By Ashley Verhines, February 12, 2014
Many recent studies have shown that air pollution levels and income
levels are linked. Poorer communities suffer from bad air more than
wealthy communities. A recent study by UCLA researchers revealed some
complications in this correlation, but found that air pollution is still
about environmental justice.
The researchers drove a
zero-emissions vehicle through four residential Los Angeles
neighborhoods to collect data on real-time concentrations of toxic
ultrafine particles. Mar Vista's North Westdale, a middle-class
neighborhood downwind of the Santa Monica Airport, scored worst.
Surprisingly, the freeway-surrounded Boyle Heights neighborhood scored
slightly better for these pollutants, followed closely by downtown Los
Angeles. Less surprisingly, the affluent West Los Angeles neighborhood
scored significantly better than the other three.
ultrafine air pollutants are known to cause asthma, heart attacks,
stroke, diabetes, low birth weight and other health complications.
Focusing on these types of pollutants instead of smog and ozone--which
have been the subject of significant prior research--was critical to the
study, which was published in the journal Atmospheric Environment.
Suzanne Paulson, a professor in UCLA's Atmospheric and Oceanic Sciences
Department and the Institute of the Environment and Sustainability
directed the research with Arthur Winer, a professor in UCLA's Fielding
School of Public Health, and Wonsik Choi, a postgraduate researcher who
led the fieldwork and drove the vehicle that collected the air samples.
researchers found that while there were no significant differences in
more traditional air pollutants like larger "PM2.5" particles between
neighborhoods, readings of the tiniest airborne particles, the
concentration of ultrafine particles (less than 0.1 microns in diameter)
varied widely between neighborhoods on summer afternoons.
North Westdale neighborhood is heavily impacted by aircraft activities
at Santa Monica Airport," said Suzanne Paulson. "It has exceptionally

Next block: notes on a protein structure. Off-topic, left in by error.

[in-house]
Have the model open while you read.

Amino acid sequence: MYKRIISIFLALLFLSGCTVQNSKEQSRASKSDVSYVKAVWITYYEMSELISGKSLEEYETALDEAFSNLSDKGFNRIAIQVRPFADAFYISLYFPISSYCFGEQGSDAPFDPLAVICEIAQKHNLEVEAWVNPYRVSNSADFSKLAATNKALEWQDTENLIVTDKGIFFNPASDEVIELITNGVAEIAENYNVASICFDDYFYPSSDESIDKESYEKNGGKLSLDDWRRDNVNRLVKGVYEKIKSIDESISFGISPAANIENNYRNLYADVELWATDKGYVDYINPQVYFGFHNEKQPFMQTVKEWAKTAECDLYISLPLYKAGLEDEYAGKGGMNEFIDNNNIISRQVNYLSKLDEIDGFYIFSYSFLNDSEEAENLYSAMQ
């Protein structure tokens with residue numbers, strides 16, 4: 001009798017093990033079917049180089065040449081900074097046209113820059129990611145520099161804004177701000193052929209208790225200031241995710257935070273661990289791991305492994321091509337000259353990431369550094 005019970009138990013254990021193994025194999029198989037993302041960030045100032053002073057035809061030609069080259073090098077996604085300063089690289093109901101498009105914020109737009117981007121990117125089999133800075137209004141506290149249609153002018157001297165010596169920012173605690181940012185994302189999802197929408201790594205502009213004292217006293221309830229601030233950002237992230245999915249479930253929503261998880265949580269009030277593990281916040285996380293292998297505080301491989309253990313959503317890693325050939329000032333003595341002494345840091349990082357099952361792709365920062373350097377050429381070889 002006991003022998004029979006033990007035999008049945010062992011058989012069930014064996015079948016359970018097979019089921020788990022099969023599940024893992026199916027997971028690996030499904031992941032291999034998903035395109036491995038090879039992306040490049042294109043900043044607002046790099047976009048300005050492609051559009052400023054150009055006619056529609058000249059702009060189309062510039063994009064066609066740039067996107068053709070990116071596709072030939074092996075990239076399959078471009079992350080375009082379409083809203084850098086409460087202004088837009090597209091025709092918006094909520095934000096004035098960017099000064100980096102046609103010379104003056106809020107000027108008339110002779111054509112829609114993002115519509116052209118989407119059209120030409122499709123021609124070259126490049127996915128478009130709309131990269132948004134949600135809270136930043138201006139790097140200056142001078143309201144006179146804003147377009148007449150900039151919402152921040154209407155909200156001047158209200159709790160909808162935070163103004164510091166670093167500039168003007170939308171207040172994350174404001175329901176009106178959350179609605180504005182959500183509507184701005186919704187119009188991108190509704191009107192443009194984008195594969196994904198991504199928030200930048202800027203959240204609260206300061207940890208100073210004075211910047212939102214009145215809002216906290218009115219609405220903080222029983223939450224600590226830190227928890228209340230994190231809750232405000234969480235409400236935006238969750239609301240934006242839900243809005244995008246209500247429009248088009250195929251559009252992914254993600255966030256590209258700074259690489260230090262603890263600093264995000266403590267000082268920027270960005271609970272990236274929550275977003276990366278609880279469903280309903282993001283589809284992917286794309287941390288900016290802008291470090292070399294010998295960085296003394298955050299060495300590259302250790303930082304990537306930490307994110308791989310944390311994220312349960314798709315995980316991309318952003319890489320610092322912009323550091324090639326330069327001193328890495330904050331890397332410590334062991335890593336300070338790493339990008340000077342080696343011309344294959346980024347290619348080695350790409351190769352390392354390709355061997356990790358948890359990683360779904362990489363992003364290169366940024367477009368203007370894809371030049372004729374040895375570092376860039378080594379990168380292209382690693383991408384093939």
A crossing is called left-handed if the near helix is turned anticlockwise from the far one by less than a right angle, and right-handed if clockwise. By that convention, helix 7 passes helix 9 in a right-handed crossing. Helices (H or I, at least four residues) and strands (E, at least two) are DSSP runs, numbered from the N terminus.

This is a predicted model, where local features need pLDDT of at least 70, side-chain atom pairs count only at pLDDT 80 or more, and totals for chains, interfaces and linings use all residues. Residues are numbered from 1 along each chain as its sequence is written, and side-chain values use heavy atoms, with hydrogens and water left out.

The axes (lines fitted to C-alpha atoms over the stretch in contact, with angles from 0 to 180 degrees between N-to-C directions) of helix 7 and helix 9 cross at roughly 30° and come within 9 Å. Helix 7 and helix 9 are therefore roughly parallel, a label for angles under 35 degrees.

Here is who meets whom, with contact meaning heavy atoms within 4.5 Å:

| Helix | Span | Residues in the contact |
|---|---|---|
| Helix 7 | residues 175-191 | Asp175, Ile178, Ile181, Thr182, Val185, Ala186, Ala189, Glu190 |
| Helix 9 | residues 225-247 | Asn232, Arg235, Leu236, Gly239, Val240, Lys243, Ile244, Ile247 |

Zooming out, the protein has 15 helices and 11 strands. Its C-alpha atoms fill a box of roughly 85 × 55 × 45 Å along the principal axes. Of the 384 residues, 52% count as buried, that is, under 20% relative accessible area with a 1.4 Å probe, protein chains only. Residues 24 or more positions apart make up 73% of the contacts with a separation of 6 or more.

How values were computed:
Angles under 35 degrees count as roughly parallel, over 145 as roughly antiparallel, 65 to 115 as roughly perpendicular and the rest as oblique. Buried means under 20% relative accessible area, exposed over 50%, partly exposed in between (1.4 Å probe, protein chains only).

high levels of ultrafine particles when aircraft are active, possibly
among the highest concentrations of any neighborhood in the Los Angeles
Boyle Heights, a less well-off neighborhood near downtown
LA, is similarly affected by roadway pollution. "It is nearly surrounded
by freeways and crisscrossed by major arterial roads," Paulson said.
"These streets carry a large number of high-emitting older vehicles, and
its neighborhoods are characterized by short blocks with abundant stop
signs, causing frequent emission spikes from accelerating of vehicles."
vehicle emissions are not the only source of ultrafine particles found
in these neighborhoods. "In Boyle Heights, and to a lesser degree
downtown, there are additional ultrafine particles that are not freshly
released from vehicles but instead form in sunlight-driven smog
processes and are ultimately the result of pollution blown in from
upwind areas to the west," Paulson said.
Although their findings
indicate that all kinds of neighborhoods may face dangerous levels of
air pollution, the researchers found that air quality is still an
environmental justice issue, with poorer neighborhoods more likely to
face greater pollution. "Despite substantial improvements in regional
air quality, cleaner air remains a highly desirable amenity in Southern
California," said Arthur Winer. West Los Angeles, the most affluent of
the four neighborhoods, still experienced the lowest concentrations of
ultrafine particulate matter. Furthermore, it experienced a significant
decrease in ultrafine particles in the last few years, which also can be
explained in terms of its wealth.
"The decrease in ultrafine
particles between 2008 and 2011 in the West Los Angeles area was
dramatic," Wonsik Choi said. "Affluent West Los Angeles experiences
rapid turnover of the vehicle fleet, resulting in a higher proportion of
newer vehicles with cleaner engines and better fuel efficiency."
property prices in neighborhoods with lower concentrations of noxious
particulate matter is one way that residents implicitly signal that they
value the quality of their air. Consequently, the lack of purchasing
power for the poor to live in neighborhoods with necessarily clean air
continues to be a concern of environmental justice.